Is your presentation impossible to ignore? I’ve sat through many presentations in my lifetime, and I expect to sit through quite a few more before I die. It’s astonishing how many technical presentations are treated as information dumps, with no intention to persuade or get audiences to improve their ways. People get bored, and I frequently see smartphones whipped out in conference rooms. I have been guilty of giving such presentations before. But I think I found some valuable guidance in the book Impossible to Ignore on how to craft presentations that bring changes, and I’m sharing an excerpt below.
Start off by seeing her techniques in practice: 5 Reasons We Forget Presentations, then come back here to read an excerpt from the book. It’s from an early chapter and lays the groundwork for the techniques to follow.
A Modern Approach to Memory: The Prospective Model
What are the three most important memory problems you experienced last week? This is a question scientists often ask people when they investigate memory issues more deeply. A series of research studies have found that 60 to 80% of our memory problems are related to forgetting to execute on a future intention. Yesterday you may have intended to give someone a call, send a specific e-mail, or stop by the store to buy milk, and only remembered these today. Some unfulfilled intentions linger for a longer time. How many books have you promised yourself you will reward on your next vacation… for the past five years? We have good intentions but forget to execute on them, or if we remember them, the reward is not compelling enough to get us to act. Our audiences are no different. They listen to us, and they may agree that what we say is helpful. When they leave, they might still remember something from what we had said but don’t do anything about it. We can address that by changing our approach to how we view memory.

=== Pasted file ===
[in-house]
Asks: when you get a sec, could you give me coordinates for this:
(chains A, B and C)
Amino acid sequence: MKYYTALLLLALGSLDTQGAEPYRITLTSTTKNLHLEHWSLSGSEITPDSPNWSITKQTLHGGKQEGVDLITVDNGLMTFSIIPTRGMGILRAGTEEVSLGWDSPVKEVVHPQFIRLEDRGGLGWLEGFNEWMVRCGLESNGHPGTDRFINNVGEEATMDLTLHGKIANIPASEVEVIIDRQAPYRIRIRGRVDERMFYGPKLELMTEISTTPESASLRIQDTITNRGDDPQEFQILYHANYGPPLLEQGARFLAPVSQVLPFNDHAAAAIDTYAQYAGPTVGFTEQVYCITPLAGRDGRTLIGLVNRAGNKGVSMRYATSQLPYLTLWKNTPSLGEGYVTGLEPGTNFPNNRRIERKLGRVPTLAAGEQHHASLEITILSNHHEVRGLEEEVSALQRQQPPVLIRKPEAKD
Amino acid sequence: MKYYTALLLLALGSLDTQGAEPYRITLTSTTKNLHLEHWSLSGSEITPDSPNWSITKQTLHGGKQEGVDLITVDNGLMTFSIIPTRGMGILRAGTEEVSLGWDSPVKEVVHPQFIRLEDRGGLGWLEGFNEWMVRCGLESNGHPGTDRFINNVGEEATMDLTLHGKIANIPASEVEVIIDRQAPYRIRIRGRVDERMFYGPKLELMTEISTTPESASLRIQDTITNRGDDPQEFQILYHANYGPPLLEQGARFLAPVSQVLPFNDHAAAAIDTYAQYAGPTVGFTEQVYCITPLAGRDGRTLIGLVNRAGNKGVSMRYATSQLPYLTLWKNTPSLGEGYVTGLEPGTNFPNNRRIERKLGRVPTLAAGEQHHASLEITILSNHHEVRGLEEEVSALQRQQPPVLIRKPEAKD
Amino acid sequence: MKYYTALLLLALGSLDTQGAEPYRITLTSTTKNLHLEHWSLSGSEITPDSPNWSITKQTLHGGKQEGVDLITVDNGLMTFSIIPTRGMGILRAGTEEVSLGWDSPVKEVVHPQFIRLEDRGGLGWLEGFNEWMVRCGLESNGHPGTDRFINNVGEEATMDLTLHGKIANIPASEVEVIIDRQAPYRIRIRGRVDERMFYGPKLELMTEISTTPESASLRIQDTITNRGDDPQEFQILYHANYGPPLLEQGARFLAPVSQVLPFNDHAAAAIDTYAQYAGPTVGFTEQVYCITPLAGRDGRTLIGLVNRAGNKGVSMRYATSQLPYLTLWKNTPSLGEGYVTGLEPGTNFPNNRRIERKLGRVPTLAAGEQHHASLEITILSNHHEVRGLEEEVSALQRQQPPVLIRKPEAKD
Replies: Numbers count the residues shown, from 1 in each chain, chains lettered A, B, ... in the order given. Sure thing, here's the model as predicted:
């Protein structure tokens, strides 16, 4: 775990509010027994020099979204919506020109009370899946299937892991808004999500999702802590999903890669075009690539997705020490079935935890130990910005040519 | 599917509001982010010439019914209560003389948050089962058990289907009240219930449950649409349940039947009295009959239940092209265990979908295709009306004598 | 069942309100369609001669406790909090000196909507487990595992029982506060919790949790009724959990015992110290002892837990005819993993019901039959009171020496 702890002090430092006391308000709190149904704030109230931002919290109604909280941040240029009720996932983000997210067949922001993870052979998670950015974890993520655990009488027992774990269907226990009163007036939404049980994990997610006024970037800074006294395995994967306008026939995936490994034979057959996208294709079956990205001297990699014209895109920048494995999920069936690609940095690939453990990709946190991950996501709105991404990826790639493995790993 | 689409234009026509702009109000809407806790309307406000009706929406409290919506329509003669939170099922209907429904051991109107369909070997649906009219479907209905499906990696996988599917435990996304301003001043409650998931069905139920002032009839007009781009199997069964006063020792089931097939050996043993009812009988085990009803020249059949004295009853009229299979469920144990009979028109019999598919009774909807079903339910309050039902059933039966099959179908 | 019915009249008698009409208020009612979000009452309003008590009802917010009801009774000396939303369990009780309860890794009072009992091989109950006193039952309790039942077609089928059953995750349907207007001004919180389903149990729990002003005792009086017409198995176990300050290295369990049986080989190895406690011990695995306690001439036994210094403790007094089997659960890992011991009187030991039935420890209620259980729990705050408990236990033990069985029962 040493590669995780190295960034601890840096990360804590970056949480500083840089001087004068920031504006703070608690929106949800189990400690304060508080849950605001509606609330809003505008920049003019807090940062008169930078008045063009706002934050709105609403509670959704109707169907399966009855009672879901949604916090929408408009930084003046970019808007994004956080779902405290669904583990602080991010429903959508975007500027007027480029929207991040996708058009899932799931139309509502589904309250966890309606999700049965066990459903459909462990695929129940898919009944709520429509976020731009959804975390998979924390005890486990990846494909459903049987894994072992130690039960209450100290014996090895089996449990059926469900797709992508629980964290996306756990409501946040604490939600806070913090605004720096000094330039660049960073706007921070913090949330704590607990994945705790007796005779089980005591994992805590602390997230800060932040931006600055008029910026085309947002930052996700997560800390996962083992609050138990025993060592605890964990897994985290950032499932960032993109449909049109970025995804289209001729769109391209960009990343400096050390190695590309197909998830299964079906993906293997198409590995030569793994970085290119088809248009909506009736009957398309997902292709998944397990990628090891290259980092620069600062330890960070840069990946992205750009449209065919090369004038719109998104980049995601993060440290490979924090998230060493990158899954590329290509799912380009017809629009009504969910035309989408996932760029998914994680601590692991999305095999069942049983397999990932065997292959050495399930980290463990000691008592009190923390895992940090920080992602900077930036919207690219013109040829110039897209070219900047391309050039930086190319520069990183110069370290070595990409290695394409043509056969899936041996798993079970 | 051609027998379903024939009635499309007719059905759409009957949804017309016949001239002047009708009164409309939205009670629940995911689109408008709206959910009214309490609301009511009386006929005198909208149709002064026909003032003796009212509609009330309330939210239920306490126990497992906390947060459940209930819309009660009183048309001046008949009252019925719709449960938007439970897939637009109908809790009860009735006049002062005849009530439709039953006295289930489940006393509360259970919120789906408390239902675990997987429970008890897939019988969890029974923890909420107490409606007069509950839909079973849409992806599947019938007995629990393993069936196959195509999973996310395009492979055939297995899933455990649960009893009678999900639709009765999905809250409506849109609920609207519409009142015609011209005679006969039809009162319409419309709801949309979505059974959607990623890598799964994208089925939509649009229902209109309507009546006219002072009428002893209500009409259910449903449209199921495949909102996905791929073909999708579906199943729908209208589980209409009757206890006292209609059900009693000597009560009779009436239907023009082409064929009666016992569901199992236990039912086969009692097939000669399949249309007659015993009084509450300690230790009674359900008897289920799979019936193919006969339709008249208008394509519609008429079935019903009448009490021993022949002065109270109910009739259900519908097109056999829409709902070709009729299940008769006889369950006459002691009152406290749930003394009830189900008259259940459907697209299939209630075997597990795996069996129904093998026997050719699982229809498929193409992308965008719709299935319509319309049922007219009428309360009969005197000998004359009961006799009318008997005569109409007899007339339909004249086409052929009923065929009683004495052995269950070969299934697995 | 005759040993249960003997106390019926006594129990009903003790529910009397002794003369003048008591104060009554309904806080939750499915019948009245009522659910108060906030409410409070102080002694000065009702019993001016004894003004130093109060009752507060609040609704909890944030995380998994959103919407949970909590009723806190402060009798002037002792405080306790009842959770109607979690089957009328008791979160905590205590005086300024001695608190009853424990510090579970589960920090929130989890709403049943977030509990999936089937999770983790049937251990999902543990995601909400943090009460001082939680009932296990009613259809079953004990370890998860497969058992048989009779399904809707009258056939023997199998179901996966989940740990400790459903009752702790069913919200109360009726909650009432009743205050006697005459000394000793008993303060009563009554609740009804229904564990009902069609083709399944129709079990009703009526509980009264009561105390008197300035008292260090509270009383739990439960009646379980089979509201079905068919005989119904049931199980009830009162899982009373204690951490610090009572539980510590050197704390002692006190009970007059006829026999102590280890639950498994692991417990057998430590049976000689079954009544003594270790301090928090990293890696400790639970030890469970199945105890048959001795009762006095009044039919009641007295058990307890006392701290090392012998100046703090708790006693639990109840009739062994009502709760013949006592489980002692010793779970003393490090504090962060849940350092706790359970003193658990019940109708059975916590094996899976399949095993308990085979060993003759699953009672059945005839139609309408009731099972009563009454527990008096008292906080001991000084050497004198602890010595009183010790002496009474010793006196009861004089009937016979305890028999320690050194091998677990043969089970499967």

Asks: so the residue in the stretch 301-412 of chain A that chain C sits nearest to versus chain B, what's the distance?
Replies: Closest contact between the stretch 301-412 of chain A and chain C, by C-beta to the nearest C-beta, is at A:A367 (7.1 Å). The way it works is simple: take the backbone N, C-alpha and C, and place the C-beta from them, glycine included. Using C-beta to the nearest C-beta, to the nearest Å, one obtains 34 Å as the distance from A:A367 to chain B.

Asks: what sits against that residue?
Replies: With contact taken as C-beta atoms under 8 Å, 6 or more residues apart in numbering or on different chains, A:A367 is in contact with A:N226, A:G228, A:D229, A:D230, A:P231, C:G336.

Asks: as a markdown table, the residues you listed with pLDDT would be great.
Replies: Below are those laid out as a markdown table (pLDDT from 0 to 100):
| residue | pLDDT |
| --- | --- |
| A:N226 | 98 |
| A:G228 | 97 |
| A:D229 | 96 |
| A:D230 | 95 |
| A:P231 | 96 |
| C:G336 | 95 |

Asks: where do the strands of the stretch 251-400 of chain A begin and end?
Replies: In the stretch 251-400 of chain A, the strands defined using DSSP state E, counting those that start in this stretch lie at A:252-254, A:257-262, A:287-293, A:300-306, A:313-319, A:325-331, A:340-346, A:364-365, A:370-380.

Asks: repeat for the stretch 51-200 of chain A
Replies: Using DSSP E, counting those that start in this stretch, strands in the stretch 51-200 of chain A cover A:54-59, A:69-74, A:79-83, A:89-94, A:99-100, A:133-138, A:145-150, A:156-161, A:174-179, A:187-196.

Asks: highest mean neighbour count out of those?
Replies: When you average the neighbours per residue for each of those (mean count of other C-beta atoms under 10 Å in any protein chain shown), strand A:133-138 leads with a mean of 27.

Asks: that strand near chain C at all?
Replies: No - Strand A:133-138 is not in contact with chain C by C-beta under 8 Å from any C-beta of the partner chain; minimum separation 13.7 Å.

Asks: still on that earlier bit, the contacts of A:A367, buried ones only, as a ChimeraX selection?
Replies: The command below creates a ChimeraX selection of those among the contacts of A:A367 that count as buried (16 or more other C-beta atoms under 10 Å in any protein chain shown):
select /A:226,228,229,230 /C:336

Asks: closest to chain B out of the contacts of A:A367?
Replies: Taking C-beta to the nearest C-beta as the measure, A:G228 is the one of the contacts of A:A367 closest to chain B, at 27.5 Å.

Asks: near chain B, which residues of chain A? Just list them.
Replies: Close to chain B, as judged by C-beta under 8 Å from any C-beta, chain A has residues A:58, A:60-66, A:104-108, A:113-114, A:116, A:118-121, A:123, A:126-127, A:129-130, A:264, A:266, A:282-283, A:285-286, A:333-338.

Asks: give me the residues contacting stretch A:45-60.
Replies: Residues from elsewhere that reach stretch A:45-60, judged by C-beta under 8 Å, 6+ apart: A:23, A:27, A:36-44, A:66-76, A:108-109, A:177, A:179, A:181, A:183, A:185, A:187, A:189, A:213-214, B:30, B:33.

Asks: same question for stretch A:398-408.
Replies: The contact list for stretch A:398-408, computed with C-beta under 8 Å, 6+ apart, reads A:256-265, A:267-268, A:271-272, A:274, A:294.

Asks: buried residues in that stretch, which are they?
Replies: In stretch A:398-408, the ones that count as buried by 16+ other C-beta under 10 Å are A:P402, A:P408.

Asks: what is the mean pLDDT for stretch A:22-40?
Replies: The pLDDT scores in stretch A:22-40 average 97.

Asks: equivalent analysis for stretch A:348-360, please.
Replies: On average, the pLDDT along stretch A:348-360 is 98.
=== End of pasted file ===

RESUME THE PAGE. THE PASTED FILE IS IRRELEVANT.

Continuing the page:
Instead of viewing memory as merely recollecting things from the past, let’s look at memory from the lens of the future. This shift is useful for three reasons. First, our audiences’ brains are on fast-forward anyway; as they listen to us now, they are by default anticipating the future. The brain has evolved to be a predictive engine because survival is more likely when one can accurately predict what happens next. We can see evidence of our inclination to anticipate the future in many activities: completing other people’s sentences, salivating before taking the first bite, or laughing just before someone is about to tickle us.
Second, we constantly look to the future to extract value for our present actions. Yale psychologists George Newman and T. Andrew Poehlman have studied the human brain’s tendency to look to the future and identify value for the present. (truncated for brevity)
The third reason it is useful to approach memory with the future in mind comes from communicators sharing content with audiences now, hoping they remember and act on it later. Imagine that we share content at Point A, and we hope people remember and act on it sometime in the future, at Point B. This “future” can be as close as two minutes from now, two days, two weeks, or longer. So, it is pragmatic to ask, what is happening in people’s lives, and what do they intend to do at Point B? If we know this already at Point A, we can prepare for Point B so we can become part of people’s memories and intentions.
Getting people to act on what they remember always starts with an intention – an intention they already have or one you wish to place in their minds. Everyone intends to do something next. Our intentions range from trivial to serious and from automatic to goal oriented. We intend to eat, send e-mails, check Facebook, create documents, revamp a software platform, attend meetings.
The image above is a pretty good summary of this section. We must always be aware of our audience’s intentions. We are sharing the knowledge now but they only need it in the future. How will you make it easy for them to recall your message at Point B? Do check out Impossible to Ignore by Dr. Carmen Simon and make your next public speaking engagement unforgettable!